sarawak brooke miles river territory batang rejang
SARA.WAK, a territory in the north-west of Borneo, which, reclaimed from piracy and barbarism by the energy of Sir James BROOKE (q.v.), was converted into an independent and prosperous state. With an area estimated at from 35,000 to 40,000 square miles, it has a population of about 250,000. The coast extends from Tanjong Datu, a prominent cape in 2° 3' N. lat., northwards to the frontier of Brunei in 3° 10' - a distance in a straight line of about 280 miles, but, following the sinuosities, about 400 miles. Inland the boundaries towards the Dutch territory are hypothetically determined by the line of watershed between the streams, flowing north-west and those flowing east-south-east and south-west, but the frontier districts are to a considerable extent unexplored. Towards the coast there are tracts of low alluvial land ; and some of the rivers reach the sea by deltas out of all proportion to the length of their course. The surface of the country soon, however, begins to rise and to be diversified with irregular hills, sometimes of rounded sandstone, sometimes of picturesque and rugged limestone. The Bongo Hills, in the residency of Sarawak, are about 3000 feet high; and along the frontier, where the Seraung Mountains, the Klinkong Mountains, the Batang Lupar Mountains, dx.c., are supposed to form more or less continuous ranges, there are altitudes of from 4000 to 8000 feet. In some of the limestone mountains there are caves of enormous extent (a detailed account will be found in Boyle, Adventures among the Dyaks of Borneo, 1865). The Rejang is the largest river in Sarawak. Its sources are only 120 or 130 miles directly inland near Mount Lawi, Mount Marud (8000 feet), and Gura Peak ; but it flows obliquely southwest for 350 miles, and the principal branches of its delta (the Eyan river and the Rejang proper) embrace a territory of 1600 square miles with a coast-line of 60 miles. In their upper course the headwaters have a rapid descent, and none of them are navigable above Balleh where the Rejang is deflected westward by the accession of the Balleh river. Left-band tributaries from a low line of hills to the south - the Katibas, Nymab, Kanowit, and Kajulan rivers - continue to swell the main stream ; but there are no tributaries of any importance from the right band, the country in that direction being drained directly seawards by a number of short rivers - the Oya, Mukah, Balinean, Tatau, and Bintulu, - of which the first three rise in the Ulat-Bulu Hills (3600 feet). At the apex of the Rejang delta lies the village and government of Sibu, and at the mouth of the Rejang branch is the important village and shipping-port of Rejang. Passing over the small river basins of the Kalukah and the Saribas we reach the Batang Lupar, which ranks next to the Rejang, and is navigable for large vessels as far as Lingga, about 30 miles from its mouth - the bar having 3i fathoms water at high tide. The value of the navigable portion of the Batang Lupar is, however, greatly lessened by the formidable bores to which it is subject ; they begin about three days before full moon and change, and last about three days, rushing up the river with a crest about 6 feet high for a distance of GO miles. In several of the other rivers a similar phenomenon is observed. The broad mouth of the Batang Lupar opens in the angle where the coast, which has run nearly north and south from the delta of the Rejang, turns abruptly west; and all the rivers which reach the sea between this point and Tanjong Datu - the Sadong, the Samarahan, the Sarawak (with its tributaries the Senna, the Samban, the Peak, &c.), the Lundu, are short.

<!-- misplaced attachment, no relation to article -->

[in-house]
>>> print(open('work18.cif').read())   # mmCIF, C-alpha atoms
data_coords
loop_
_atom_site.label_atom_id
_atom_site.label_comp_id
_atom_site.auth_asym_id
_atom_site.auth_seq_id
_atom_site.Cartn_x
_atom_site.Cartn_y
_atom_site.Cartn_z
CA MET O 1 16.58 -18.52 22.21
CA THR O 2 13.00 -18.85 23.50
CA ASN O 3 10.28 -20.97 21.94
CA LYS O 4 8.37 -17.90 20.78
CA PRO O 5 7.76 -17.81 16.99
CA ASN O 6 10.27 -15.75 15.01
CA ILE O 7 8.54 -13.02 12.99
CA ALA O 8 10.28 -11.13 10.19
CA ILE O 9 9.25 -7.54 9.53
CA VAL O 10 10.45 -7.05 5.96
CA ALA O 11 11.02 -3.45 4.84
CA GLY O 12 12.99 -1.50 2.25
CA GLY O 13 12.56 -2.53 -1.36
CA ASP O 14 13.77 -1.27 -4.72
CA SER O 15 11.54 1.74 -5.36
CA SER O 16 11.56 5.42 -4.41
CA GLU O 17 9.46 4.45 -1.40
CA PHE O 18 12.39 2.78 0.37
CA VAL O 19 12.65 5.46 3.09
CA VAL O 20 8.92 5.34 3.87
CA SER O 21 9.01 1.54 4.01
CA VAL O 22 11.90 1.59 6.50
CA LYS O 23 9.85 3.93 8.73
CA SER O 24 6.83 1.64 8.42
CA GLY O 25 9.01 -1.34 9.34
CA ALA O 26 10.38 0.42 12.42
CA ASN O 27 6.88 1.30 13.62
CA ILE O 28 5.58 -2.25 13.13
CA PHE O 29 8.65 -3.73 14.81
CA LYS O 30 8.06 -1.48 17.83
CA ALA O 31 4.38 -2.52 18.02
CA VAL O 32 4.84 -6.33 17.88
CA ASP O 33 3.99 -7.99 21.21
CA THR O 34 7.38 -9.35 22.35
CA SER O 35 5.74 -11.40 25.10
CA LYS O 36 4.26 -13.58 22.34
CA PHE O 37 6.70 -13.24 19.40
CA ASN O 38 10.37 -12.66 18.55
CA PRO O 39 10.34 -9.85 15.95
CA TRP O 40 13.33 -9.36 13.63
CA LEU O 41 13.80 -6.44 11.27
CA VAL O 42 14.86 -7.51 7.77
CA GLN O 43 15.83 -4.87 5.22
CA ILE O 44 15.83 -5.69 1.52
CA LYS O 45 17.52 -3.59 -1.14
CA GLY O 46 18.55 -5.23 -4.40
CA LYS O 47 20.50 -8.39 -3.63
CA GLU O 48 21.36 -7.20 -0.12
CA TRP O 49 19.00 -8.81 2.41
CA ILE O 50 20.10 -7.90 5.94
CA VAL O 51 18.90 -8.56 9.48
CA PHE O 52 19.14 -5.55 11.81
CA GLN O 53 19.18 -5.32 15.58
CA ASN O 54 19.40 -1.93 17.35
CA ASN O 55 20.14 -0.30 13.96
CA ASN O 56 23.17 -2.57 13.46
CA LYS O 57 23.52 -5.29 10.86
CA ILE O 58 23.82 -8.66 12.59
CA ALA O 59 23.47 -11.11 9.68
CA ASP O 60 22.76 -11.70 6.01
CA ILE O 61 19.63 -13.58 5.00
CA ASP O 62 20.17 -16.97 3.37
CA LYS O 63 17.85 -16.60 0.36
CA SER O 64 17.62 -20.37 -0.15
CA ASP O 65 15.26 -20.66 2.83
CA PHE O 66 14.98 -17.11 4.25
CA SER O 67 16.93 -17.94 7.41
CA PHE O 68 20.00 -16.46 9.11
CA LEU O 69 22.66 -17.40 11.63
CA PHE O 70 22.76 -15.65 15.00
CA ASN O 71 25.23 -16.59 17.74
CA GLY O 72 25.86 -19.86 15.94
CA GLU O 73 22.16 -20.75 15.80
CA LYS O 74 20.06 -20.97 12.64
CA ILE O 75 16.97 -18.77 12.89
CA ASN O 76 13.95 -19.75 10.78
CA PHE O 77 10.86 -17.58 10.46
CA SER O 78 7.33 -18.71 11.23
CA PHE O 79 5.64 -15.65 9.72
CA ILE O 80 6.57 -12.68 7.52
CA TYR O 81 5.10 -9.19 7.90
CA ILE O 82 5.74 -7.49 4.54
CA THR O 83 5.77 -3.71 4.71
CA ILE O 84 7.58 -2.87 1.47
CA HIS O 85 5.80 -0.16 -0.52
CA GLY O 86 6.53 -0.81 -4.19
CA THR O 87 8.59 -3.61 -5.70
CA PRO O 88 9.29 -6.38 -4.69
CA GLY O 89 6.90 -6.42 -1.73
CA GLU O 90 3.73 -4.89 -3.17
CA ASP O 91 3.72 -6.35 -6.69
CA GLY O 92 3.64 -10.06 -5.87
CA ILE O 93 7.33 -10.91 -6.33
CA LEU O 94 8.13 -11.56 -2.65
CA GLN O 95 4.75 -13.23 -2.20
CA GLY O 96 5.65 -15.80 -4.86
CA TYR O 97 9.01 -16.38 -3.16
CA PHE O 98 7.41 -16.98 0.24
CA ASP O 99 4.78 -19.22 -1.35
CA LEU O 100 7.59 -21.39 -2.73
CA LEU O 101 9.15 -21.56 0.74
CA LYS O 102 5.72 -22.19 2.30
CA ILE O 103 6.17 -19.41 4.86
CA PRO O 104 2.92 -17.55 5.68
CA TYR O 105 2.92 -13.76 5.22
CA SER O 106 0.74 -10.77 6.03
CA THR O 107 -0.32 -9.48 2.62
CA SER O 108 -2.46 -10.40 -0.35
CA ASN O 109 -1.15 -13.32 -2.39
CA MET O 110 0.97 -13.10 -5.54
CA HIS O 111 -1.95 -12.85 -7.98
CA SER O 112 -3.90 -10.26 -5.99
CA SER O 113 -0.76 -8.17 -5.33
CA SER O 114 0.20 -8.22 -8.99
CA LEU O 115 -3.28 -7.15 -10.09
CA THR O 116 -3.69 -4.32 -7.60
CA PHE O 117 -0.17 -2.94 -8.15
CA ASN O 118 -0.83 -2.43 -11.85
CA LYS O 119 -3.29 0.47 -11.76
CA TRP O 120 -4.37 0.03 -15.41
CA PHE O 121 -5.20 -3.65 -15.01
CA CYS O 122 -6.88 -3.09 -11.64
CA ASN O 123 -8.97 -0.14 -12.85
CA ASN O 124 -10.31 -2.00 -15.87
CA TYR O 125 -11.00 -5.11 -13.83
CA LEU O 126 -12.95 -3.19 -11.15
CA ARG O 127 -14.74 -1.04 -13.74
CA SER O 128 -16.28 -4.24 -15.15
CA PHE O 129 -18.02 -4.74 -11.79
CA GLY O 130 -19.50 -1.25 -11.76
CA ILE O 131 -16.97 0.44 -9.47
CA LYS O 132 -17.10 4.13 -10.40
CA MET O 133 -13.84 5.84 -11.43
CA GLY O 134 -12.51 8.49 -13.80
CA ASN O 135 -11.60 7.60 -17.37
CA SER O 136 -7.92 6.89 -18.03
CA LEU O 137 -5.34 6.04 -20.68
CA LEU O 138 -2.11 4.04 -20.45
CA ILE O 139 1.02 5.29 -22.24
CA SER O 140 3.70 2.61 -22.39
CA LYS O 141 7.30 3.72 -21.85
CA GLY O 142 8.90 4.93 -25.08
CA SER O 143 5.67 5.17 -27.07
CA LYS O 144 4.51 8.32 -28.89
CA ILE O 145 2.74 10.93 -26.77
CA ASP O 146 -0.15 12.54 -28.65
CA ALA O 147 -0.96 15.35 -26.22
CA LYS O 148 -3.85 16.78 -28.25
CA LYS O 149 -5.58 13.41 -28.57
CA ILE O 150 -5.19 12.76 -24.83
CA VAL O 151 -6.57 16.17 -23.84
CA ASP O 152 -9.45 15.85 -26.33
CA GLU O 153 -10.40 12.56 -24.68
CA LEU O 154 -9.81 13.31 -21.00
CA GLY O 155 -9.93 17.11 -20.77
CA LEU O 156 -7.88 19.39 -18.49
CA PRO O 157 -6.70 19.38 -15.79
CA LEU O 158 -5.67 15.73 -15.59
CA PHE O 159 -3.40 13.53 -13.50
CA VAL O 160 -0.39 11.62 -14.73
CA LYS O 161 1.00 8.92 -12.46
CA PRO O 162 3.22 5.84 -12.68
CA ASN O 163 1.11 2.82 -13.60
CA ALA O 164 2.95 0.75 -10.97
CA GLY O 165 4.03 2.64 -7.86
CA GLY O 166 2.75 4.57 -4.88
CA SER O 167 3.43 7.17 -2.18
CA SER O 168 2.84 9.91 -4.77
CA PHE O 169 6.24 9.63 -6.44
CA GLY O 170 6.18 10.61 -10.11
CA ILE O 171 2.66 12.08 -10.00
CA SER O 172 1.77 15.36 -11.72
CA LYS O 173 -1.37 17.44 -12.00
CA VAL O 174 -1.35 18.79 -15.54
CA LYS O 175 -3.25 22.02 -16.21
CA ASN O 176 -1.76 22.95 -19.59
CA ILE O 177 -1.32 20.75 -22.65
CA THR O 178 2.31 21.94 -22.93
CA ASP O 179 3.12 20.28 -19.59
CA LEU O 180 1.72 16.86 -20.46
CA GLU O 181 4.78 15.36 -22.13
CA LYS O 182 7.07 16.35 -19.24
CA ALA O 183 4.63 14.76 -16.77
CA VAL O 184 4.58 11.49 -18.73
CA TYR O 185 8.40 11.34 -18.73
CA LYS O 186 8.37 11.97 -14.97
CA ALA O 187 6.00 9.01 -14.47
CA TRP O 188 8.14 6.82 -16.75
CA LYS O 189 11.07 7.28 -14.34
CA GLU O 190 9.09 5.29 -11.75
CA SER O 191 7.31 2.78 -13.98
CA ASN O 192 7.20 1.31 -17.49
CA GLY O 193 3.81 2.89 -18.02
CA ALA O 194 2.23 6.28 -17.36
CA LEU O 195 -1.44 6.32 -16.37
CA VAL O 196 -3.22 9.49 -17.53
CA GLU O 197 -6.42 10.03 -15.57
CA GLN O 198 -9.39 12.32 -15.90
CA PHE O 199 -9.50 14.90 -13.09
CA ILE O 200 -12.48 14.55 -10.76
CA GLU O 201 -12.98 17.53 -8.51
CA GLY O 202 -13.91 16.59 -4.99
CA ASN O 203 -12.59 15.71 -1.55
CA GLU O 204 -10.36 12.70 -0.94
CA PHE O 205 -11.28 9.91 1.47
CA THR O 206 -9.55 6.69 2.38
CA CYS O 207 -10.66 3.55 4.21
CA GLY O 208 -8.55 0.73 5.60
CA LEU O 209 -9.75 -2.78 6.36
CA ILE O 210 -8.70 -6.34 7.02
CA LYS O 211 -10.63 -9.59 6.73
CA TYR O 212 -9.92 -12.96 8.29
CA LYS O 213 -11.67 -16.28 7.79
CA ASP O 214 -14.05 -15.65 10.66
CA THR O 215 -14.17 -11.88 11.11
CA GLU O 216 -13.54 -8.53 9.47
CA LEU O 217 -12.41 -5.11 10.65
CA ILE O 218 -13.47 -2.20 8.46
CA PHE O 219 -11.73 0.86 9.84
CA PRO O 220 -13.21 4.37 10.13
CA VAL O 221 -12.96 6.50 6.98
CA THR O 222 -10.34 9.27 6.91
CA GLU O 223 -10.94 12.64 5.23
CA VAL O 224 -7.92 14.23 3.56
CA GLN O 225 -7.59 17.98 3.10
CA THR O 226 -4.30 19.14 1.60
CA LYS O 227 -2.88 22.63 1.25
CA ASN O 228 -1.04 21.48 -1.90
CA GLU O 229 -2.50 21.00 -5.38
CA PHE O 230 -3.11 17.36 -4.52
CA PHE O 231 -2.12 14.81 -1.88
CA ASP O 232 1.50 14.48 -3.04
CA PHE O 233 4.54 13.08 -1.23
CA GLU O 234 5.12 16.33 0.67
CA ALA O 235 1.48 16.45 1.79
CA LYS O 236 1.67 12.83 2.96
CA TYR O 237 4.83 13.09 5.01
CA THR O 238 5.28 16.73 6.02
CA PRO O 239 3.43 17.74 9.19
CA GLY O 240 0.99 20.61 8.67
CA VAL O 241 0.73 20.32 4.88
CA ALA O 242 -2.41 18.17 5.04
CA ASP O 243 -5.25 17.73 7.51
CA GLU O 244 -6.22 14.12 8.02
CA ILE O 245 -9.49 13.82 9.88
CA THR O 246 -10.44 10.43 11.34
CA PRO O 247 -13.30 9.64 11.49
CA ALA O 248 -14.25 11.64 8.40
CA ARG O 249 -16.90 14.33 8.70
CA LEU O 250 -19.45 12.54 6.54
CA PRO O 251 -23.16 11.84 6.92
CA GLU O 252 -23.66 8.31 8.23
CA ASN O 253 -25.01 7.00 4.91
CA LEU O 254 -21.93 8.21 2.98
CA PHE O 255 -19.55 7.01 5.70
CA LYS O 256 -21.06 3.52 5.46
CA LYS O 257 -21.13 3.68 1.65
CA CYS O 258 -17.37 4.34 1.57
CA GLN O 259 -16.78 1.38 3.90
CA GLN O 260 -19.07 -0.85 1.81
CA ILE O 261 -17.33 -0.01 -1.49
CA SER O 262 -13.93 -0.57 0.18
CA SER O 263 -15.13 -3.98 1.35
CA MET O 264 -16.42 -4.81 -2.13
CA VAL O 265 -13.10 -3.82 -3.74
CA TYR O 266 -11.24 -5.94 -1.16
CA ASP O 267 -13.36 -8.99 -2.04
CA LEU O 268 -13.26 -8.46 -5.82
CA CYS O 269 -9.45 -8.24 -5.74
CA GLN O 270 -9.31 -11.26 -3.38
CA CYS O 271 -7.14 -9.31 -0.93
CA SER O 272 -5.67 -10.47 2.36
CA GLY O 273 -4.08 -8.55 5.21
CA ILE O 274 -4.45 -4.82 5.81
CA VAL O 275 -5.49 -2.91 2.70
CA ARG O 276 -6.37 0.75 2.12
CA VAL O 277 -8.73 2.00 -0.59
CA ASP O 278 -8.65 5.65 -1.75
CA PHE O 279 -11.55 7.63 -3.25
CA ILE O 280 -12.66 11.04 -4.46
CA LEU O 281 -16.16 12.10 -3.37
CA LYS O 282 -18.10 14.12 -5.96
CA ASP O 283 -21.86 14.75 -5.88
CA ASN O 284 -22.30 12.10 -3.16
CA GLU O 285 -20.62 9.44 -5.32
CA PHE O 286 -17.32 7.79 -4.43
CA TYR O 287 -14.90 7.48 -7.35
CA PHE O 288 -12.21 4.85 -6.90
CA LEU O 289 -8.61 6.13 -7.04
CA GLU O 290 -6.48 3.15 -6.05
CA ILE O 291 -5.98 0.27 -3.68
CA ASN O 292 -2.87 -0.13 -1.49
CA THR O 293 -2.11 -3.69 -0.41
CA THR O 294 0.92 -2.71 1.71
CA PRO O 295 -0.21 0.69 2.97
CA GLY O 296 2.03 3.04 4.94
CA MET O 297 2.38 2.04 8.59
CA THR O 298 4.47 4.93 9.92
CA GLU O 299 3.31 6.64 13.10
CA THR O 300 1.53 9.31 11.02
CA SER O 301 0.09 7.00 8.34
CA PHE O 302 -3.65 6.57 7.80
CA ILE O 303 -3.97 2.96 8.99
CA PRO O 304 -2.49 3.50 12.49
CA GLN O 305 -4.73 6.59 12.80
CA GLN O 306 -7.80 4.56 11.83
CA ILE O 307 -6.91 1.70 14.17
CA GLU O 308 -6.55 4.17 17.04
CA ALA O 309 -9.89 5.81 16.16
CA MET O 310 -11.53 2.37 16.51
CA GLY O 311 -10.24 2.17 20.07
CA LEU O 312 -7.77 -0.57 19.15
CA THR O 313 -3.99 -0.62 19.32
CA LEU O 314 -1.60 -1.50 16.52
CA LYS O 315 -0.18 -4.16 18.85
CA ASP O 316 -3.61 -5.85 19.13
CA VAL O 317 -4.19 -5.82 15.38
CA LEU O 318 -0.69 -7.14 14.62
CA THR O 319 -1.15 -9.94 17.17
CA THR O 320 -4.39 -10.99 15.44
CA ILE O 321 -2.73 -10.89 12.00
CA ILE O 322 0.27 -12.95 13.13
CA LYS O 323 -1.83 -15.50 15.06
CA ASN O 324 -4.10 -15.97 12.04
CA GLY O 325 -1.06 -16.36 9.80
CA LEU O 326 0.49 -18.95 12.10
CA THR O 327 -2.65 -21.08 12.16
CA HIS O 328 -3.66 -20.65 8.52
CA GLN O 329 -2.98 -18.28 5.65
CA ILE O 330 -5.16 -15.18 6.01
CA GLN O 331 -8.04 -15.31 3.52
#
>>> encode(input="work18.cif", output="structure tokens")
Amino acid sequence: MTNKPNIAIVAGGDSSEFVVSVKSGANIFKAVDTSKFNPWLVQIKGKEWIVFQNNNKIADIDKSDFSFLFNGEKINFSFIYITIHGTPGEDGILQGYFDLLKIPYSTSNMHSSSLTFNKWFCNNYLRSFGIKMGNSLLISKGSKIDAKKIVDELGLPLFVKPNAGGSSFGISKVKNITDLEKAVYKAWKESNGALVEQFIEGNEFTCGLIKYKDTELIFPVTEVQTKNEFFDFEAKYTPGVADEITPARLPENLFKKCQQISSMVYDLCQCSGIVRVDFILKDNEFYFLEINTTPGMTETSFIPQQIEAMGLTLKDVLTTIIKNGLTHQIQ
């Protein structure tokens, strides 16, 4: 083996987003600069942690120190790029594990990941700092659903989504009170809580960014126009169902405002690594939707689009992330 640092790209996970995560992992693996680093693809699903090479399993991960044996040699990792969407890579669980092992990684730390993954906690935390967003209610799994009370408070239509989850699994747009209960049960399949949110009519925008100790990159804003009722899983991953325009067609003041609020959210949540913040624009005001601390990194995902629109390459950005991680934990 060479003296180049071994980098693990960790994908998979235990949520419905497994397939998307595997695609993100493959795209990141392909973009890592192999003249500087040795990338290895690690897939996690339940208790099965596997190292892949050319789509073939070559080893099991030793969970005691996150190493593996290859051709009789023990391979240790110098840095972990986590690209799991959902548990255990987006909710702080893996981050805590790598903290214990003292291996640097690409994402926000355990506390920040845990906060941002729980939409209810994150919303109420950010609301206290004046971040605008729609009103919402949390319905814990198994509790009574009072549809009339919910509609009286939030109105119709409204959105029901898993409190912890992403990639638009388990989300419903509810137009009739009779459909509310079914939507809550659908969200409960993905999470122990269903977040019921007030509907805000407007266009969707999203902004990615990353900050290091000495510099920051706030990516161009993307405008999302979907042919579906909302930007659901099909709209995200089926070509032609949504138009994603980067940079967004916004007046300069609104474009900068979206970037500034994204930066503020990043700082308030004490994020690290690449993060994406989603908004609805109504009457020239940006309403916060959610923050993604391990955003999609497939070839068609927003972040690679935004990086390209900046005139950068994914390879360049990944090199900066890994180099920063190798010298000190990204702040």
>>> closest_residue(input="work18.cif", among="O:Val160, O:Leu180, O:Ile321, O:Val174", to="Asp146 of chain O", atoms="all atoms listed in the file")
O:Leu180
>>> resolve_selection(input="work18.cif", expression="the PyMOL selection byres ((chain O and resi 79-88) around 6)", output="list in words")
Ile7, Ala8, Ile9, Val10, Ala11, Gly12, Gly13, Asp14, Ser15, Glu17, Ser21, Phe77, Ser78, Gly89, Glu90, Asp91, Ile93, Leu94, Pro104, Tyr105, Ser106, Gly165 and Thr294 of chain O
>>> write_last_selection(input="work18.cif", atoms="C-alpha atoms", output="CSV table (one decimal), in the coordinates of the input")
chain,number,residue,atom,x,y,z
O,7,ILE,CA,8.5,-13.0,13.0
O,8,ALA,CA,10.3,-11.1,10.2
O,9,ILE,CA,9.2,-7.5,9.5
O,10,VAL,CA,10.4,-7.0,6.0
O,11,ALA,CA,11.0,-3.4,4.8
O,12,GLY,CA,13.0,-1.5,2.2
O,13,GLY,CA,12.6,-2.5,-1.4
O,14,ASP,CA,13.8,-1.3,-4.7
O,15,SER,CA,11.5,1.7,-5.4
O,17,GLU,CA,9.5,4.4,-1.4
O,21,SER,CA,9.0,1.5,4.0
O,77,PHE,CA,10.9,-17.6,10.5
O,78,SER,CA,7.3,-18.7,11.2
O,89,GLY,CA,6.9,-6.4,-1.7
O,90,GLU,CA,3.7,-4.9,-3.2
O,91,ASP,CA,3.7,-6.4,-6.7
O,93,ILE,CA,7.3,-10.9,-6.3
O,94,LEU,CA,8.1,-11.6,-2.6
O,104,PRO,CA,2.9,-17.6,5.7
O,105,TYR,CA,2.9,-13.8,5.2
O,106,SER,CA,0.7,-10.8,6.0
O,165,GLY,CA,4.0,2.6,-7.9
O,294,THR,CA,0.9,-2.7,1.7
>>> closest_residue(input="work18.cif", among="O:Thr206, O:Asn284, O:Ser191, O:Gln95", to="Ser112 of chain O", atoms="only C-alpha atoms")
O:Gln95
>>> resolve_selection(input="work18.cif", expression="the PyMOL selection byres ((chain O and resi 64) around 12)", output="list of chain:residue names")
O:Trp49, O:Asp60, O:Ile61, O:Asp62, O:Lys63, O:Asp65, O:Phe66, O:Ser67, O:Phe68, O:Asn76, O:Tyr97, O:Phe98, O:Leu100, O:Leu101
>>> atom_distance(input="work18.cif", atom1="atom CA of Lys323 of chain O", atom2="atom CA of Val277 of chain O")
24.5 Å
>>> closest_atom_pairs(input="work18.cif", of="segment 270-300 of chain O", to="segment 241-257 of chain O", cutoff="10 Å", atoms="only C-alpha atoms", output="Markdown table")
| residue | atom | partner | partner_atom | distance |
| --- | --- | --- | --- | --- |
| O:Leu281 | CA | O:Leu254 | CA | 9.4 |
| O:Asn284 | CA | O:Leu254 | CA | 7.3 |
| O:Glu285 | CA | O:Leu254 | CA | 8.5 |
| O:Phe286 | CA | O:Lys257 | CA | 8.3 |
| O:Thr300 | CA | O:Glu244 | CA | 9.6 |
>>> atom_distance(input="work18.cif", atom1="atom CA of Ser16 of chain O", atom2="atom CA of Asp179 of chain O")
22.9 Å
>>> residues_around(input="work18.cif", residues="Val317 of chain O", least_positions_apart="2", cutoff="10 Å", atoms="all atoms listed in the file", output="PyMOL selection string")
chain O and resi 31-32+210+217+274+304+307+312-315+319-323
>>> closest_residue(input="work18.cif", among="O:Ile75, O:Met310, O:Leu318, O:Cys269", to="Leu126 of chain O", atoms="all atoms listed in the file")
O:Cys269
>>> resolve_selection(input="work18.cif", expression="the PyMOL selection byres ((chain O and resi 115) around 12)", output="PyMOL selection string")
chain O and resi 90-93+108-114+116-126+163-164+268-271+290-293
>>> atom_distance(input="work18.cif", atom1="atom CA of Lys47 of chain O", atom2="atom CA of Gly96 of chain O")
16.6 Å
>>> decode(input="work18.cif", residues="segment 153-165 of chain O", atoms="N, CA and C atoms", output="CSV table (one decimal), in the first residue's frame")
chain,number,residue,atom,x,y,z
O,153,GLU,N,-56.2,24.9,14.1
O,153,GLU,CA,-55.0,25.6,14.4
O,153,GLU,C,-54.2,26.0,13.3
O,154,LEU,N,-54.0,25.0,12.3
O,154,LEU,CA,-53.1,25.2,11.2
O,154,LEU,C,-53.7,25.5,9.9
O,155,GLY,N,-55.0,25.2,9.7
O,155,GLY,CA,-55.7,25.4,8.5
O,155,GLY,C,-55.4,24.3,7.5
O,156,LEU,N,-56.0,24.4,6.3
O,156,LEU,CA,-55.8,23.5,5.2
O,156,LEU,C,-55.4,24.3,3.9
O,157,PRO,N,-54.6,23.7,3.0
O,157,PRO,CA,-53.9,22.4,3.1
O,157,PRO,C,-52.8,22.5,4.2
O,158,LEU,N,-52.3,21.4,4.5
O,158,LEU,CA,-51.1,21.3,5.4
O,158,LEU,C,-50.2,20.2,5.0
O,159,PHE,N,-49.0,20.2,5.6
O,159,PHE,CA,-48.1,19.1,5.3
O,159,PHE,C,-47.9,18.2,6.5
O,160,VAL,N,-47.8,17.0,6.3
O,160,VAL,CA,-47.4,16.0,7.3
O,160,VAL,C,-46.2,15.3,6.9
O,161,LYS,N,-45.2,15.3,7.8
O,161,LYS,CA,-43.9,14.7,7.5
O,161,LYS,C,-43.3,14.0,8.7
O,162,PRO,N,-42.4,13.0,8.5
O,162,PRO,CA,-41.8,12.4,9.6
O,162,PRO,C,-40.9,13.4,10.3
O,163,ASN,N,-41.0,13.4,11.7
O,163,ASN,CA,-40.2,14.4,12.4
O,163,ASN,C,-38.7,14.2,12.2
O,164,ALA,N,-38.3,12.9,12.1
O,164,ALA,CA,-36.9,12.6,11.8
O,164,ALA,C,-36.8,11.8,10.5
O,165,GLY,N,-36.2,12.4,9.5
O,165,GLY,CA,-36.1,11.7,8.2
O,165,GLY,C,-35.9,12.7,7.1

The mineral wealth of Sarawak is not unimportant. Gold washing has long been carried on in the central residency, though not with more than moderate success ; and more recently a fairly prolific gold-field has been opened in the neighbourhood of Marup, on the Batang Lnpar, where there is a flourishing Chinese settlement. Of much greater value are the antimony ores which occur more especially in the district of the headstreams of the Sarawak, in the most various localities, occasionally as dykes in situ, but more frequently in boulders deep in the clayey soil, or perched on tower-like summits and craggy pinnacles, accessible only by ladders. Those rich deposits have, however, been largely exhausted, and no new ones have been discovered in other parts of the territory, so that the Borneo Company (which has the monopoly of this and other minerals in the country) has been tempted to erect local furnaces to reduce the poorer qualities of ore and the refuse of the mines to regulus on the spot. A deposit of cinnabar was discovered by Mr Helms in 1867, at Tegora, at the foot of the Bongo Mountains, but no other occurrence of this ore of quicksilver in the territory has yet been reported. In 1876 quicksilver was exported to the value of 108,050 dollars, and in 1879 to 76,620. Coal has been worked for many years at the government mines of Simunjun, on the banks of a right-hand affluent of the Sadong ; and there is known to exist at Silantek up the Lingga river (a left-hand affluent of the Batang Lupar) a very extensive coal-field, whose products, still intact, could be brought down for shipment at Lingga by a railway of some 18 miles in length. Diamonds are occasionally found, and copper, manganese, and plumbago have been discovered, but not in paying quantities.